Saturday, 7 January 2012

Concert Films: The Good, Bad And Ugly

The night before last I watched Le Concert, a feelgood screwball comedy concerning a concert orchestra. The drama turns as a maestro of old Russia gets his former band together to play Tchaikovsky's Violin Concerto in Paris with Mélanie Laurent as the soloist.

The weight of the film is a complicated and ill-executed subplot in which Laurent's character turns out to be the orphaned child of almost every protagonist; the fun is in the contrast between the old Russian musicians and new Russia/Europe. So, the music is simply the MacGuffin and armature upon which everything is hung. Relegated, the performing itself isn't well-observed. Laurent seems to have a rough idea of the appearance of a solo violinist but Aleksey Guskov couldn't conduct a bus.

It got me thinking. Where else does one see good or bad examples of musicians 'doing' music on screen? Composer and other musician biopics are obviously going to be the litmus test. Tom Hulce (right) and F. Murray Abraham stick to some pretty rudimentary gestures in Amadeus (1984) but this allows them to stay in character and combine their gestures with the wider drama. In a way it's a bit easier for instrumental musicians: Forest Whitaker's Charlie Parker (in Bird, 1988) and Emily Watson's Jacqueline du Pre (Hilary and Jackie, 1998) who almost substitute their narcotic convulsions and pre-MS insecurities (respectively) for technique in order to give the impression of idiosyncratic performance.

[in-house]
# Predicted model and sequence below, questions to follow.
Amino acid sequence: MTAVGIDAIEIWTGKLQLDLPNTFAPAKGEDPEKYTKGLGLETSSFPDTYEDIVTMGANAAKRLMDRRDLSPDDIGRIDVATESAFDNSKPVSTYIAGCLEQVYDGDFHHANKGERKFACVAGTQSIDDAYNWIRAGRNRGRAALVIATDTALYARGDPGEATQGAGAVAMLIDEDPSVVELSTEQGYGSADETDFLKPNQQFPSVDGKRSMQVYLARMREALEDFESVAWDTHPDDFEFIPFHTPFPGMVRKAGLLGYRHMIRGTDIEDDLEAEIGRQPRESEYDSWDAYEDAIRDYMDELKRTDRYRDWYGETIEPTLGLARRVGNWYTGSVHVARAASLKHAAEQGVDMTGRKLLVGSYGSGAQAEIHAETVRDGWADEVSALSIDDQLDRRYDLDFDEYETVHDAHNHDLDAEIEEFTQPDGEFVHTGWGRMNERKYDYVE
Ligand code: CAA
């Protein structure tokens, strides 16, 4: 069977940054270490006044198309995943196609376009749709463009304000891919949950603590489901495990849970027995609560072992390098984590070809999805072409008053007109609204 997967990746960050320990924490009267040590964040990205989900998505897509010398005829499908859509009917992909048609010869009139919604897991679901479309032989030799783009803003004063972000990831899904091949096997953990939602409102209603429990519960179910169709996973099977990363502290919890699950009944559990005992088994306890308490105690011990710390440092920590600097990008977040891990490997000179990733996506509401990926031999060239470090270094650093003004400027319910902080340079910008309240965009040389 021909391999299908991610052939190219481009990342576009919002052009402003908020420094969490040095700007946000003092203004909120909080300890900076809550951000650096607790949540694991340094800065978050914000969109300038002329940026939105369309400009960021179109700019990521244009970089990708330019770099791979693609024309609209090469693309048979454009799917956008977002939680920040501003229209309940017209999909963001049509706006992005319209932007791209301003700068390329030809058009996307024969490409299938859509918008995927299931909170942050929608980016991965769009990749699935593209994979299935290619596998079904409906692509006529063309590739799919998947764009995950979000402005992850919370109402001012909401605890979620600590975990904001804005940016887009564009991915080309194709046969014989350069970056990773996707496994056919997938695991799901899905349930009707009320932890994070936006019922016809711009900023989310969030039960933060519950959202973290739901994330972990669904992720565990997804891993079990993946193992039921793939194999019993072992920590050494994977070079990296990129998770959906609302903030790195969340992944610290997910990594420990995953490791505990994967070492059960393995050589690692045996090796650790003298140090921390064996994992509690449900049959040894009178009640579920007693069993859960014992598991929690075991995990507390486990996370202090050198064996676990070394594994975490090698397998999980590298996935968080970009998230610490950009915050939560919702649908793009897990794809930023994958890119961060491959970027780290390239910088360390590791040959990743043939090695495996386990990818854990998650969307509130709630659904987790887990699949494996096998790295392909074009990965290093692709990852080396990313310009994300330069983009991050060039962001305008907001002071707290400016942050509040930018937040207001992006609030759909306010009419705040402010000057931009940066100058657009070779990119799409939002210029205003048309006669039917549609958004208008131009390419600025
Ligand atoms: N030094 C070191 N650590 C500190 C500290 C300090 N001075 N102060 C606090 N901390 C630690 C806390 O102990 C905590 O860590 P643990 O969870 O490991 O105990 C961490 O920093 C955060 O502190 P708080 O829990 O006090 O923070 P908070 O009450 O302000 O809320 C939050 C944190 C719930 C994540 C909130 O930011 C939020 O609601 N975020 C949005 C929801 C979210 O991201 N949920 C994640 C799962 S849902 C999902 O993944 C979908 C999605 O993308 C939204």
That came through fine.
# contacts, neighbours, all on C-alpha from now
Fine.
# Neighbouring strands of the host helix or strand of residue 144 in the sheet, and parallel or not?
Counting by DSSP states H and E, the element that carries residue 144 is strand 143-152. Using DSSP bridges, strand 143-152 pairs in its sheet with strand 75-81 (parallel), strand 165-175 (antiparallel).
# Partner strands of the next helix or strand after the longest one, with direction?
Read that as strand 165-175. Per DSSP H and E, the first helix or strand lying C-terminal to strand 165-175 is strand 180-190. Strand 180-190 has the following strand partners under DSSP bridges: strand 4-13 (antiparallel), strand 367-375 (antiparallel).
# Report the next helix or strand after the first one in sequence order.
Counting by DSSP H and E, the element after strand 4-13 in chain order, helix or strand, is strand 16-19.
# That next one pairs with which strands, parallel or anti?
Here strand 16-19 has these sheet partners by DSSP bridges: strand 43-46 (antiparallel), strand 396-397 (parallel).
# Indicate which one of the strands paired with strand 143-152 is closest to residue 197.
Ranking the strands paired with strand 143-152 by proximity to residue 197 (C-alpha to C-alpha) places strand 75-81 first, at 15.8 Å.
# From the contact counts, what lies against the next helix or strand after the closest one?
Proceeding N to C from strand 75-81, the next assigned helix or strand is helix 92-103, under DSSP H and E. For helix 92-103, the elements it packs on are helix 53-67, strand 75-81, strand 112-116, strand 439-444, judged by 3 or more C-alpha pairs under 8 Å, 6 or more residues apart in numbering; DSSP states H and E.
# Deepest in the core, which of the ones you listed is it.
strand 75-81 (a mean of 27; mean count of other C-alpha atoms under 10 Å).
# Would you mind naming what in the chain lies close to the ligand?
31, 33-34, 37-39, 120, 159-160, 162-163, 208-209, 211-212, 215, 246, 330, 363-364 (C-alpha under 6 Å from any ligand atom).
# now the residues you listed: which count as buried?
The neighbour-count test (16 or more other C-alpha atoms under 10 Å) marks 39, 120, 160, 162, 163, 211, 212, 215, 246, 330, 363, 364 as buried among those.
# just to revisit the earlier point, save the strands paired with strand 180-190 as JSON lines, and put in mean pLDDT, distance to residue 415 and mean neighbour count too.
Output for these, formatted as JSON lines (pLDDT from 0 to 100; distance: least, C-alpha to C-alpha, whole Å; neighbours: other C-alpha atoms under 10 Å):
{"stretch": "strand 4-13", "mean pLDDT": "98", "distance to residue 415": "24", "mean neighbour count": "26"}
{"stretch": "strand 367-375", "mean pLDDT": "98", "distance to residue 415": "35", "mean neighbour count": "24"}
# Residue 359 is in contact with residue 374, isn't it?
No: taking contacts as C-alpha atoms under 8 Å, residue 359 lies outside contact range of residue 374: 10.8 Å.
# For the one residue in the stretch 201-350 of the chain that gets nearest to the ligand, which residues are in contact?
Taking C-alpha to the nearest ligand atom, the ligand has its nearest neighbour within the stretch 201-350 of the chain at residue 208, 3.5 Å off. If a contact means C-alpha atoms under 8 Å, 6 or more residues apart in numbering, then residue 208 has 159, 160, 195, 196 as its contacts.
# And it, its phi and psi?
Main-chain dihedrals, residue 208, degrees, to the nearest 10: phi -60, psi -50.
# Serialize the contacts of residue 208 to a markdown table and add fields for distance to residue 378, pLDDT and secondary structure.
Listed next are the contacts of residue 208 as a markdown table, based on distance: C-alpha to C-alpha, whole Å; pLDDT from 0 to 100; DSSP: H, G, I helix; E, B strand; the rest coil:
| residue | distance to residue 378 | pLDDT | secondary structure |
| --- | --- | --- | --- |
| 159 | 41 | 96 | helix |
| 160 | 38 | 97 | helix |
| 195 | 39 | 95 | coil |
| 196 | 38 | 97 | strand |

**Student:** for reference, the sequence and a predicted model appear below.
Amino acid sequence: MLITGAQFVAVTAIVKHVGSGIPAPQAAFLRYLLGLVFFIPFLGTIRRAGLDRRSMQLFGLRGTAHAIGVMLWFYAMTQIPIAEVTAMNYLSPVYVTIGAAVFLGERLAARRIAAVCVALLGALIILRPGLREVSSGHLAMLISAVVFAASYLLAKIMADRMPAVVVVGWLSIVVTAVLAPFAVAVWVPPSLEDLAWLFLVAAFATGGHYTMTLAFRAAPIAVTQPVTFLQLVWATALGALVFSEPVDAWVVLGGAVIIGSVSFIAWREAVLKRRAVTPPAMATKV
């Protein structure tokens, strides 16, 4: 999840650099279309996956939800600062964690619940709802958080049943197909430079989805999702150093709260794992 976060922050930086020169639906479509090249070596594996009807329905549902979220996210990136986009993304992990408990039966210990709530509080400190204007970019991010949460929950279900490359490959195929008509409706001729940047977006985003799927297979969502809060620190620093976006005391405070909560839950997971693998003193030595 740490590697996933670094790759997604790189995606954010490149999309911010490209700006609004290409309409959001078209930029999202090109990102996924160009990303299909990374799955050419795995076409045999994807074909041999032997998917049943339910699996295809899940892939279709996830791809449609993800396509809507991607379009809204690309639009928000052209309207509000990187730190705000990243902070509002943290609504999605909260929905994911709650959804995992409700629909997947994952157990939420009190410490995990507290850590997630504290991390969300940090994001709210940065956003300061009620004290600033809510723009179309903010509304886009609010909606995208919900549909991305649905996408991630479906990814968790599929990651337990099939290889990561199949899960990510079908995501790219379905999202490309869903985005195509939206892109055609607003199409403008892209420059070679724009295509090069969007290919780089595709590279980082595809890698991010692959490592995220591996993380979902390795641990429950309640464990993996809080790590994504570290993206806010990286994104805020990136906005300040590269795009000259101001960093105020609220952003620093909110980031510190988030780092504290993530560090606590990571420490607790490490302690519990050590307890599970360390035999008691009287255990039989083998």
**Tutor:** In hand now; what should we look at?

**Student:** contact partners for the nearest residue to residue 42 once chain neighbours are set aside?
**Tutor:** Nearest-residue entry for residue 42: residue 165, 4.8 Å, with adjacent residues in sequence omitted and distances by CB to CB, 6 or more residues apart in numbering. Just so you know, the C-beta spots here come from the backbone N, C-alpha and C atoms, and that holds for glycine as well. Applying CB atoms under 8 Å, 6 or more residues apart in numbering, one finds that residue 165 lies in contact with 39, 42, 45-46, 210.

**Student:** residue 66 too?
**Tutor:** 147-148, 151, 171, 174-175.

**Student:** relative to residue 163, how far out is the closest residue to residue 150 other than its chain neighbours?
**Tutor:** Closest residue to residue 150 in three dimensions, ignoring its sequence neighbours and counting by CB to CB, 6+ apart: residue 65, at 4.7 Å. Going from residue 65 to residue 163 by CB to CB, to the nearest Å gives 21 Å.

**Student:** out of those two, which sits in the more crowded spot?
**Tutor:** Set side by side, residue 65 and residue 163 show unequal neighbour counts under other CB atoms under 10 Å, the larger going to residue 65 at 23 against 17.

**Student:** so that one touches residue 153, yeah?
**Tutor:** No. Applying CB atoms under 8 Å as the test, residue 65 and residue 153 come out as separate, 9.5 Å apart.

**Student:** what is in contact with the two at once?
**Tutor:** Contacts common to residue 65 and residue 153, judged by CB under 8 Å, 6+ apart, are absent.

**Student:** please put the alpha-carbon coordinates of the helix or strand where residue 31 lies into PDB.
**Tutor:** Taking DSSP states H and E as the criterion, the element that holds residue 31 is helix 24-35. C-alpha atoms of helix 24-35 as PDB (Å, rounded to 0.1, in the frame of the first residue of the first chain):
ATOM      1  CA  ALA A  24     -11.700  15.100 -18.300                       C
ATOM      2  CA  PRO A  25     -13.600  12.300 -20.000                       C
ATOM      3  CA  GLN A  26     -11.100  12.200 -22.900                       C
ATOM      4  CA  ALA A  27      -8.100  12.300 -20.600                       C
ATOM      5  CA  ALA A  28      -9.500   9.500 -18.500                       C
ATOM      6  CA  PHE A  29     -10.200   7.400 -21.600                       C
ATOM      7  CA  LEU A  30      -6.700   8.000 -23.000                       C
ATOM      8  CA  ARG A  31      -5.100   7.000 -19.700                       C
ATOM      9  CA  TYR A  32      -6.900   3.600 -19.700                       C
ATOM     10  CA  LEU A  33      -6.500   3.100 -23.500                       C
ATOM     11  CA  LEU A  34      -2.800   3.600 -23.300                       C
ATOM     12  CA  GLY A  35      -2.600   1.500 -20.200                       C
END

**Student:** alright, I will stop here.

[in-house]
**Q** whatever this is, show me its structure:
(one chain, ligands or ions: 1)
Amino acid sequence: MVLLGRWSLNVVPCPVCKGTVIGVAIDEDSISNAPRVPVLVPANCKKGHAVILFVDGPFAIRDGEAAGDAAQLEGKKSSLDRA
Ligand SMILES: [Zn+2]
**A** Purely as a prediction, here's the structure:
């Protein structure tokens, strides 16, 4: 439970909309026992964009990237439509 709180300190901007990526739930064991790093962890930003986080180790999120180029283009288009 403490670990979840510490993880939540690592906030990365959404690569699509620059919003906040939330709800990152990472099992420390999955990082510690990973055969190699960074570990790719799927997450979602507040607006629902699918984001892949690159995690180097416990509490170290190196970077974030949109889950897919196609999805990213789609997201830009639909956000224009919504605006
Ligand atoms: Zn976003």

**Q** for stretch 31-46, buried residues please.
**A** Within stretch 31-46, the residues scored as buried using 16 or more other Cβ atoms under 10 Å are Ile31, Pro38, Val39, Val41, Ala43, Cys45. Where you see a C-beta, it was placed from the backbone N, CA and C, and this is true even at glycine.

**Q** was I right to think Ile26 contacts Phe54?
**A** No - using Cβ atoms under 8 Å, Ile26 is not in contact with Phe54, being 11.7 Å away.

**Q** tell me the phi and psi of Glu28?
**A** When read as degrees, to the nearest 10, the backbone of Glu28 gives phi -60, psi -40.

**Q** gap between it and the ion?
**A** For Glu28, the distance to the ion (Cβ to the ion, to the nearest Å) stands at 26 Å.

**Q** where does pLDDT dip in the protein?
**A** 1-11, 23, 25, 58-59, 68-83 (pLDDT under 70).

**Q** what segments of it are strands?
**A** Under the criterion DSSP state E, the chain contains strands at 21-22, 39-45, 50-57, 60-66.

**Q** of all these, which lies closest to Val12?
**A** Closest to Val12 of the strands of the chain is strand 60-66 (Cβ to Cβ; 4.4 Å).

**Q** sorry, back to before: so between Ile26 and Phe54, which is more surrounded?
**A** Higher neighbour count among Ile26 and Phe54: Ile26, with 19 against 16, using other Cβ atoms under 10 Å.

The best way around the issue is to have a real conductor in the actor's position. Stokowski's silhouette presides over the perenniel wonder of Fantasia (1940). Valery Gergiev pops up at the end of Alexander Sokurov's remarkable Russian Ark (2002). Then there is the sensational scene in Hitchcock's second edition of The Man Who Knew Too Much (1956), in which his long-time composing collaborator Bernard Hermann is shown conducting his own piece at the Royal Albert Hall:

Of course, when the orchestra and music that the character is 'conducting' are meant to be truly awful, then the actor can pretty much do what they want:

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